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Supplements Easing the Economic and Clinical Burden of Psoriasis and Psoriatic Arthritis: The Role of Managed Ca

Psoriasis and Psoriatic Arthritis Treatment

Alan Menter, MD
Over the past several years, an increased understanding of the pathophysiology of psoriasis and psoriatic arthritis has led to the development of several new biologic therapies.
Over the past several years, an increased understanding of the pathophysiology of psoriasis and psoriatic arthritis (PsA) has led to the development of several new biologic therapies. Appropriate treatment selection and timing may slow, and even halt, the progression of psoriasis and PsA; as a result, it can decrease the economic burden. As treatment options vary based on individual disease characteristics and patient preferences, reviewing the patient’s complete clinical picture is imperative. An updated treatment algorithm, based on patients’ most severe disease domain, is now available to guide the selection of optimal therapy. Special care should be given to patients with both psoriasis and PsA who experience multiple disease domains, a heavy symptom burden, and an increased risk of comorbidities.
Am J Manag Care. 2016;22:S225-S237
Overarching Principles of Psoriasis and Psoriatic Arthritis Treatment


     Several best practices have emerged to guide the management of patients with psoriasis and psoriatic arthritis (PsA). The current goals for treatment include minimizing disease activity, maintaining functional status, improving quality of life, and preventing or minimizing both disease- and treatment-related complications. The optimal choice of therapy may depend on disease severity, prognostic factors, prior treatment, comorbidities,access to therapy, and patient preferences.Multidisciplinary assessment and management are critical to addressing each aspect of PsA care. In addition, frequent monitoring and treatment adjustments will be necessary to achieve and maintain disease control.1

Lifestyle Modifications
     Smoking and obesity are examples of risk factors that exacerbate the signs and symptoms of psoriasis and/or PsA and contribute common comorbidities, such as cardiovascular disease.2 In addition, smoking can potentially reduce the effectiveness of anti-tumor necrosis factor-α (TNF-α) therapy.3 Nonpharmacologic interventions, such as smoking cessation, dietary advice, weight loss counseling and physical activity, are important components of comprehensive patient care.2 It is essential to diagnose signs or symptoms of psoriatic joint disease early to minimize, even prevent, joint destruction, as psoriatic joint disease usually takes 5 to 12 years to develop after the onset of skin psoriasis.4


Treat to Target
     The treat-to-target (T2T) principle of PsA management involves close monitoring and frequent treatment adjustments designed to achieve early and tight control of inflammatory disease activity. In the TICOPA trial, 206 patients with newly diagnosed PsA were randomly assigned to tight control using a T2T strategy or assigned to usual care. In the T2T arm, patients started treatment with methotrexate (MTX) that was escalated to 25 mg after 6 weeks. If patients did not achieve minimal disease activity by week 12, combination disease-modifying antirheumatic drug (DMARD) therapy was started. After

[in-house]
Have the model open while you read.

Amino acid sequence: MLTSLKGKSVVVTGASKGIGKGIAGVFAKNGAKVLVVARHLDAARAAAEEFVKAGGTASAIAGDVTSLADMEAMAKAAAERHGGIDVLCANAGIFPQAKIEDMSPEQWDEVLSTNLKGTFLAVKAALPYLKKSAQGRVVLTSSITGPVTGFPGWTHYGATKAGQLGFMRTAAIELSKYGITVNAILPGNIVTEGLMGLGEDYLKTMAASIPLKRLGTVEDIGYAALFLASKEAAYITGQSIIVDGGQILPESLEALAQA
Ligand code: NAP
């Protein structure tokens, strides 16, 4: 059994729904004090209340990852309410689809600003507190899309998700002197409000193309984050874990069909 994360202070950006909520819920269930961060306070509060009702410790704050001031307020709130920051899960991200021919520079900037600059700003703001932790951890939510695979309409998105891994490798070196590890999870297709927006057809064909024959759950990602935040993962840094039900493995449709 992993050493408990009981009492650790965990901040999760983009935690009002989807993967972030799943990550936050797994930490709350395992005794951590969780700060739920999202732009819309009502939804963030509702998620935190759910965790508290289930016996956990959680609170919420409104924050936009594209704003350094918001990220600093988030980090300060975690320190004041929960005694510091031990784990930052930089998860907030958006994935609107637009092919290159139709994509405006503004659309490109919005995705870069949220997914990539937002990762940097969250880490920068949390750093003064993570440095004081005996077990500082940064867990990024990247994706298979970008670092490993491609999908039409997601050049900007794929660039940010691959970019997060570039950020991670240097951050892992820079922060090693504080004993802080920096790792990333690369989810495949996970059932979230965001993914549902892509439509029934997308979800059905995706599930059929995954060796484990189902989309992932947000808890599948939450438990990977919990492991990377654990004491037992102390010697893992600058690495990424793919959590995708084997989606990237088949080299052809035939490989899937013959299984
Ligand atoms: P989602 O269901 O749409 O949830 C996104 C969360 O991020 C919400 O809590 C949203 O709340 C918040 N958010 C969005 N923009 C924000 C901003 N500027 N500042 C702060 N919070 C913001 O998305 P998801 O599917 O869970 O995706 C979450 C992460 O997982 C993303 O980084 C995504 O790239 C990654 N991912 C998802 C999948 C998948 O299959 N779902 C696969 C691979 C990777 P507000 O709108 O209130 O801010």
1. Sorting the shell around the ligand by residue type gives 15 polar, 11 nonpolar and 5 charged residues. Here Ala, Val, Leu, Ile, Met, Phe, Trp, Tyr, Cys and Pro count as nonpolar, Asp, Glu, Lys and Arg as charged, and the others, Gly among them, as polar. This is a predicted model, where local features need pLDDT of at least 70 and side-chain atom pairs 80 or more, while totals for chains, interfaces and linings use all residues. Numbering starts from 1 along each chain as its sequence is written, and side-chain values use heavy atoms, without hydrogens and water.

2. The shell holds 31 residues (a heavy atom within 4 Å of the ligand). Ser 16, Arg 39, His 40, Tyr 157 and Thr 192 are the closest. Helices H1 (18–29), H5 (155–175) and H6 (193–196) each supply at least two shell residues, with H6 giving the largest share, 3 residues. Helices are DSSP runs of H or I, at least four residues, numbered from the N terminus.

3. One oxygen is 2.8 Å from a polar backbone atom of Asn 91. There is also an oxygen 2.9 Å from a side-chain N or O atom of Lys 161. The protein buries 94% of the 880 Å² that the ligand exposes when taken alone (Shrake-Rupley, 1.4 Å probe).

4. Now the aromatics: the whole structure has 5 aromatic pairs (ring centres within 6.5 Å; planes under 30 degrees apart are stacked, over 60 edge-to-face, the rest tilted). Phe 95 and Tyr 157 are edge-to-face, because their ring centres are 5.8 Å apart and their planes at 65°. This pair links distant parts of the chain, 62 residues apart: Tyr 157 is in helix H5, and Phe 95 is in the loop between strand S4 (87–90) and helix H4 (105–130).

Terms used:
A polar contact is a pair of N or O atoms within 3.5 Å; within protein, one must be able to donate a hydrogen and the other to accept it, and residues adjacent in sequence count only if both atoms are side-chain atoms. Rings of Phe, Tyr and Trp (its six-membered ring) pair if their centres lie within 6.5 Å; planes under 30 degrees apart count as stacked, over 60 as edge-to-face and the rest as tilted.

another 12 weeks, patients with residual disease activity started anti-TNF therapy or switched to an alternate DMARD in combination with MTX. By comparison, patients receiving standard care were seen every 3 months by a rheumatologist but otherwise followed no set treatment protocol.5
     
After 48 weeks, 62% of patients in the T2T arm achieved a 20% improvement from baseline in the American College of Rheumatology response criteria (ACR20) compared with 45% of patients in the standard care group (odds ratio [OR], 1.91; P = .0392). Patients managed with the T2T strategy were also more likely than those in the standard care group to gain control of the skin manifestations of psoriasis (59% vs 33%), defined as a reduction of 75% or more from baseline in the Psoriasis Area and Severity Index score (PASI 75). Although the frequency of adverse events (AEs) increased in the tight control group relative to standard care, most patients tolerated treatment well. The most common AEs were nausea, liver function abnormalities, and respiratory tract infections. These findings support the T2T strategy to improve outcomes across multiple measures in patients with early PsA, including those with skin involvement.5

Comorbidity Management
    Comorbidity screening and management are essential components of psoriasis and of PsA care. Several comorbidities occur with increased frequency in these patients including cardiovascular disease, diabetes, obesity, metabolic syndrome, osteoporosis, liver disease, and depression. Furthermore, patients with psoriasis and PsA are at an increased risk of exhibiting extra-articular manifestations of their underlying autoimmune disease, including inflammatory bowel disease and uveitis. Although the same comorbidity screening and management approaches apply to patients with psoriasis and PsA as to the general population, current guidelines stress the importance of identifying any comorbidities to provide optimal care for these patients.1
 
Treatment Options for Psoriasis and PsA
     Multiple treatment options, ranging from local therapies (ie, topical medications and phototherapy) to nonbiologic systemic therapies (nonsteroidal anti-inflammatory drugs [NSAIDs] and traditional